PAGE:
TSP Andrew: Guess what Trade Street Post fans…we have ourselves another new writer. As the Bobcats become the Hornets, and business picks up down on Trade Street, we are going to take all the help we can get in providing excellent coverage of our Beloved Bobcats. I can still call them Bobcats for now, but with every passing day, the buzz will envelope the area until the full return of the Hornets is upon us again. Until that day is here, let’s give these 2013-2014 Bobcats our full and undying support. Our newest writer is taking the lead on that by sharing an in depth look at Gerald Henderson and his return to the team for what looks to be an incredible season. Everyone, please give Josh Haar a warm welcome, and enjoy this piece.
Although it turned out to be a more dragged out process than originally expected, the Charlotte Bobcats successfully completed one of their primary objectives this summer by retaining 25 year old shooting guard Gerald Henderson with a 3 year, $18 million contract extension. This deal turned out to be extremely beneficial for both parties involved: Charlotte re-signed one of the best young two guards in the league for less than his projected cap hold, and Henderson obtained a player option in the third year of this fresh contract.
Ever since the Bobcats drafted him 12th overall in 2009, Henderson has consistently improved every single year he's been in the league. A look at his rookie season statistics compared to his production in 2012/13 perfectly displays how far he has come along:
2009/10: 2.6 PTS, 1.3 REBS, 0.3 ASTS, 0.2 STLS, 35.6% shooting from the field, 21.1% shooting from three.
2012/13: 15.5 PTS, 3.7 REBS, 2.6 ASTS, 1.0 STLS, 44.7% shooting from the field, 33.0% shooting from three.
In his 5th NBA campaign, expect Henderson to play an important role in the Bobcat's on-court success. During the course of his two most recent seasons in the association, the 6'5 athlete proved to possess the ability to efficiently score the basketball. Athletic, strong, and talented, the Duke product is capable of aggressively attacking/finishing at the basket (52.84% around the rim in 2012/13), pulling up and knocking down shots from mid-range (43.70% from this area in 2012/13), and stroking the three-ball every now and then (33.0% in 2013/13). As the player most likely to start at shooting guard on this youthful Bobcats' roster, Henderson's main job next season will undoubtedly be to serve as the leading perimeter scorer.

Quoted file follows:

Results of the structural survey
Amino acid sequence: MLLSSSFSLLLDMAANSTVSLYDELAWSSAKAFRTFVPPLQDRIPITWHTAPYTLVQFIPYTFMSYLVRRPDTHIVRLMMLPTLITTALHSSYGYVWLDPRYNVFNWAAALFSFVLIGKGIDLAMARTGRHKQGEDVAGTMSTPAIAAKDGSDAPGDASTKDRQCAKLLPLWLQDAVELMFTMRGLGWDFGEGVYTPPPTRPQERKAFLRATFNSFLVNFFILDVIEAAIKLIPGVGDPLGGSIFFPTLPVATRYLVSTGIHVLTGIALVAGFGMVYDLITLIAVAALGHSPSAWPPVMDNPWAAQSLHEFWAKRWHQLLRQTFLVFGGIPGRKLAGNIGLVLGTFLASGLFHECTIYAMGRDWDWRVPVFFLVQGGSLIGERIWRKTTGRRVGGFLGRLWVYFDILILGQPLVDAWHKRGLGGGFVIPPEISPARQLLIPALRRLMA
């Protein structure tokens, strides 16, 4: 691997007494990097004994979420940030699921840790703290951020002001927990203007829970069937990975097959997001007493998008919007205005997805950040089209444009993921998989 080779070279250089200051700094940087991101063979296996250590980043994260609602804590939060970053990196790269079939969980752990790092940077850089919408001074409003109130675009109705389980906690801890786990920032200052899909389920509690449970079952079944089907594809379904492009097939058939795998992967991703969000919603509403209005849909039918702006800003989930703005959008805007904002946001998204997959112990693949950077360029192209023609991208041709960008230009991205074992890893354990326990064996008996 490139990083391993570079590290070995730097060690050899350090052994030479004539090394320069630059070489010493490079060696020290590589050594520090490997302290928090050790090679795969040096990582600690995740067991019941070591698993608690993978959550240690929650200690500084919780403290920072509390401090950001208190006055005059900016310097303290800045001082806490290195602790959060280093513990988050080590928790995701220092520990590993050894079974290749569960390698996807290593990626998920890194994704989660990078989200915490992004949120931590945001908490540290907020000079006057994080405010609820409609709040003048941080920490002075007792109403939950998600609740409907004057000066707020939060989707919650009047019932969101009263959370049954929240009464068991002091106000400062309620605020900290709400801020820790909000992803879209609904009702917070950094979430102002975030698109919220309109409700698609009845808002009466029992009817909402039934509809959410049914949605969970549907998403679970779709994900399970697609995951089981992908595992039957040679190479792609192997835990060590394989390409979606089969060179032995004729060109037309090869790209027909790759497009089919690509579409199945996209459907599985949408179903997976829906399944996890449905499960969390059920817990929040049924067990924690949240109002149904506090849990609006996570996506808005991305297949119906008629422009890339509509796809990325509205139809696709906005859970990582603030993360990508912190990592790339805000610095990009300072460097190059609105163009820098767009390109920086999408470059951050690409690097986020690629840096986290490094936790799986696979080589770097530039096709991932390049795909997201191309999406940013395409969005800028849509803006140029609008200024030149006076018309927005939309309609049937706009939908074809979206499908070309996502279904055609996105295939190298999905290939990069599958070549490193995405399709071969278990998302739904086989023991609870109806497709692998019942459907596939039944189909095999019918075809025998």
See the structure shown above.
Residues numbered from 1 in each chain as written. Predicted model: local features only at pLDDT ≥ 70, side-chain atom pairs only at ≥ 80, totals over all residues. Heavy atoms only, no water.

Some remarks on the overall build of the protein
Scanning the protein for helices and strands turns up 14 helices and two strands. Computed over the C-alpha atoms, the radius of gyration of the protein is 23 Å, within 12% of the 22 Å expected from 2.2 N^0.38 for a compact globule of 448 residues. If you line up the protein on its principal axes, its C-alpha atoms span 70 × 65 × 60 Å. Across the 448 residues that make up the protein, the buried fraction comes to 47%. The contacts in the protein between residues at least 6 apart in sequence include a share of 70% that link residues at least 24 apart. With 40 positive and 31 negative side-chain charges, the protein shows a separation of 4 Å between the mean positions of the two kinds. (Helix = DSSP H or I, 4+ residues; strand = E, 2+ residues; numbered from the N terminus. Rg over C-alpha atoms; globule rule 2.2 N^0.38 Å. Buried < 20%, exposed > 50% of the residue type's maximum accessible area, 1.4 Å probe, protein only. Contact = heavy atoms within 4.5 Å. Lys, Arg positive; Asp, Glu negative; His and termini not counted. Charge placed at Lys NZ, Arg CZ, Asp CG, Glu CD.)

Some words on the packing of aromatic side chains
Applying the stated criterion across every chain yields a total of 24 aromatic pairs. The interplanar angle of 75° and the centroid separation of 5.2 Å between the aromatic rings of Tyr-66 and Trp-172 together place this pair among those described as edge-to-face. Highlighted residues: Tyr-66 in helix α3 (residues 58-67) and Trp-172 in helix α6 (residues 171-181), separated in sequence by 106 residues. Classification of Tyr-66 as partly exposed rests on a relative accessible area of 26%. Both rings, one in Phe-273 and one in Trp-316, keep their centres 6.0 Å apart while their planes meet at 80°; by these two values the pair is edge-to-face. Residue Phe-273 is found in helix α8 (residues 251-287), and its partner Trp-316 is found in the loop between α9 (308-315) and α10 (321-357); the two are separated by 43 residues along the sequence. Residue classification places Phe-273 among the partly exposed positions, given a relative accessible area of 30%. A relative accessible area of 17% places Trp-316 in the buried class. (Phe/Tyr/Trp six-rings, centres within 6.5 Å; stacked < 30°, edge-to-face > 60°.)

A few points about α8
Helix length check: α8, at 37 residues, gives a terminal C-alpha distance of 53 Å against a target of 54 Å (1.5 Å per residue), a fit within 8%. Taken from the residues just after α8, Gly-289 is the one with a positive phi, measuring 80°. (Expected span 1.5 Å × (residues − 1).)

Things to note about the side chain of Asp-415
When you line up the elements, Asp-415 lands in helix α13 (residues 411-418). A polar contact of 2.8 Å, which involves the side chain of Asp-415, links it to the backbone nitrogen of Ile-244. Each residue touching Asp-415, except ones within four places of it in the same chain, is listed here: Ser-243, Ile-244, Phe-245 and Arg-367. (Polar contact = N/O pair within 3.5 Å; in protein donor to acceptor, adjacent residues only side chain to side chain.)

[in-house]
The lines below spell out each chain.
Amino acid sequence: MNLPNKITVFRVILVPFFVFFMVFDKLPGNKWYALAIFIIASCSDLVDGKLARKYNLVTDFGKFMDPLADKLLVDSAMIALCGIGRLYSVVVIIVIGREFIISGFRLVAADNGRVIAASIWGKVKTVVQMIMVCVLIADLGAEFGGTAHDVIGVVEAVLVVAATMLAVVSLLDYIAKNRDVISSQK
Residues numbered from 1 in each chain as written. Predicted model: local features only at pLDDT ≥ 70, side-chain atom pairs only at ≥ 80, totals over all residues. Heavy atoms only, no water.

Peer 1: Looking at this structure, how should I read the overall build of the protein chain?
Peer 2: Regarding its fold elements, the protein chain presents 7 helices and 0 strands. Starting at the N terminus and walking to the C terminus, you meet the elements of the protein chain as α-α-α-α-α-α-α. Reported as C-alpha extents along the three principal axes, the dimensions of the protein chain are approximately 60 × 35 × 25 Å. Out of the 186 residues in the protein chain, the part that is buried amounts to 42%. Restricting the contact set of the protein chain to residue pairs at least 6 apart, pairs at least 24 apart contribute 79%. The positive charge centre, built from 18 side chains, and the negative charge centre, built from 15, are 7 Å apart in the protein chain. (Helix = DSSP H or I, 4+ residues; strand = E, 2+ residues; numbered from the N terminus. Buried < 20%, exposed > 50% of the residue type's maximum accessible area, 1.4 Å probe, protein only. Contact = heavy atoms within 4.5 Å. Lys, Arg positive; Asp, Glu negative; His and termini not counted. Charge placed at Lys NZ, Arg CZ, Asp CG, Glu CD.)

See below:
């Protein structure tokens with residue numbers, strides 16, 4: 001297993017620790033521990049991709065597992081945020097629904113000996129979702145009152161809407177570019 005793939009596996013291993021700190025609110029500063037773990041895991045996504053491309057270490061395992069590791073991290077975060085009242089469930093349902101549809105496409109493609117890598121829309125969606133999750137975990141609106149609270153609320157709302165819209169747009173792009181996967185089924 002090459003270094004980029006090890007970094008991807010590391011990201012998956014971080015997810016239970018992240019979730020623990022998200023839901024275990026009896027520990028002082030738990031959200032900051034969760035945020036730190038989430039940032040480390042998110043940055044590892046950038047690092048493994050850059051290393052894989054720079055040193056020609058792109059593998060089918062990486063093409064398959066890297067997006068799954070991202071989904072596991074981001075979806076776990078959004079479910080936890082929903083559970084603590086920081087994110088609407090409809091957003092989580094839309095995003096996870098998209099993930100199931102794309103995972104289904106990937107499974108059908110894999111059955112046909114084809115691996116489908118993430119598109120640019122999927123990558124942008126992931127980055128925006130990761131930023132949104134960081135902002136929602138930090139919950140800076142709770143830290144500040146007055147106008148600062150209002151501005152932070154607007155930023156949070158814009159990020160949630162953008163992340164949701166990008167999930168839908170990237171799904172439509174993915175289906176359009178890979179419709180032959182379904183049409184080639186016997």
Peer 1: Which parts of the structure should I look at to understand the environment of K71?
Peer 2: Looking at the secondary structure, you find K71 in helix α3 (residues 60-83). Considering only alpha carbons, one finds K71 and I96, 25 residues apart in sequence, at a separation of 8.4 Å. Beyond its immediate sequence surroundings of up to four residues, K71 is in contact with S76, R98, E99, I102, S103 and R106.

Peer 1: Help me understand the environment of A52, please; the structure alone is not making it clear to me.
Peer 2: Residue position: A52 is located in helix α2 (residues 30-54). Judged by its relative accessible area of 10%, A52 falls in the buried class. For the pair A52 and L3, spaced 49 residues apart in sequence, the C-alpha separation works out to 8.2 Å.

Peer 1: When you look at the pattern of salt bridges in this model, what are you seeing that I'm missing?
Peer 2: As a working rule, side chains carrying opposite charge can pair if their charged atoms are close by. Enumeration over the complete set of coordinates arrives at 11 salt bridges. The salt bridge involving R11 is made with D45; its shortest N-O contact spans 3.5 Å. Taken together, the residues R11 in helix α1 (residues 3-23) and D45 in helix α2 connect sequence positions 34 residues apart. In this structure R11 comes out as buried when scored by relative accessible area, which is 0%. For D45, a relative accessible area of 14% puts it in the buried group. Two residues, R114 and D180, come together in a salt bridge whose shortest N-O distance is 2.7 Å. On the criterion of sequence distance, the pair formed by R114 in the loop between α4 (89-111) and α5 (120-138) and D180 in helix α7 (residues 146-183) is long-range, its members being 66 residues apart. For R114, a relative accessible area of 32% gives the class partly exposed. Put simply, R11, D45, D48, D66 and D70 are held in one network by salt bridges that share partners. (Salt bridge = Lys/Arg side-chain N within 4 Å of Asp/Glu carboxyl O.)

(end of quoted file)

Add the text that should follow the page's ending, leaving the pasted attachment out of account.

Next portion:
Now, in order to do this effectively, the 25 year old must improve two aspects of his game: he must 1) raise his shooting percentage from beyond the arc as well as 2) work on his in-game shot selection.
In 2012/13, Gerald made huge strides in his accuracy from distance, as his 33.0% clip was considerably better than the atrocious 21.3% he put forth during his first 3 years in the league. However, if the guard wants to truly be considered a respectable threat from deep, he needs to up his hit clip to at least 36 percent. Assuming his steady developmental process continues, it is very reasonable to imagine Henderson reaching this type of consistency from outside in 2013/14. The sooner he approaches the 40 percent mark the sooner he becomes enough of a threat that he will draw defenses out of the paint and give our young front line some room to work down low.
As far as the two guard's decision-making is concerned, his biggest issue is his tendency for settling far too often for jump shots. Henderson's greatest scoring strength lies in his ability to drive the lane, and while he obviously cannot force the issue, it is in the baller's best interest to make searching for openings to the hoop an offensive priority.
If Henderson can ameliorate these aspects of his game, they will largely benefit his overall talent for putting the ball in the basket. Take a gander at how these two areas complement each other perfectly:
– If the two-guard starts games off by successfully drawing fouls or scoring in the paint, the opposing defender will ultimately have to back off.
– Now that he's been given room to shoot, Henderson can make his opponent pay by hitting open looks from the outside.
– The defender eventually has to respect Gerald as a long-range threat and apply defensive pressure. As a result, Henderson can drive around his man and continue hurting the opposition on the inside.
The bottom-line is this: if the shooting guard becomes a legitimate threat from deep and consistently seeks for opportunities to finish plays at the rim, he will become an extremely difficult scorer to defend. Players who boast this type of offensive versatility tend to average at least 18 points per game. Considering Henderson's continuous growth as an NBA athlete, it is very easy to envision the former Blue Devil producing at a similar level in 2013/14.
Through his first 4 years in the NBA, it has become very clear Gerald Henderson is capable of performing as one of Charlotte's primary scoring options. He holds the tools necessary to succeed in this position. All he has to do now is utilize everything his toolbox has to offer and go to work. Look for him to assume a greater leadership role both on and off the court as he settles into his new position as a veteran presence with the team.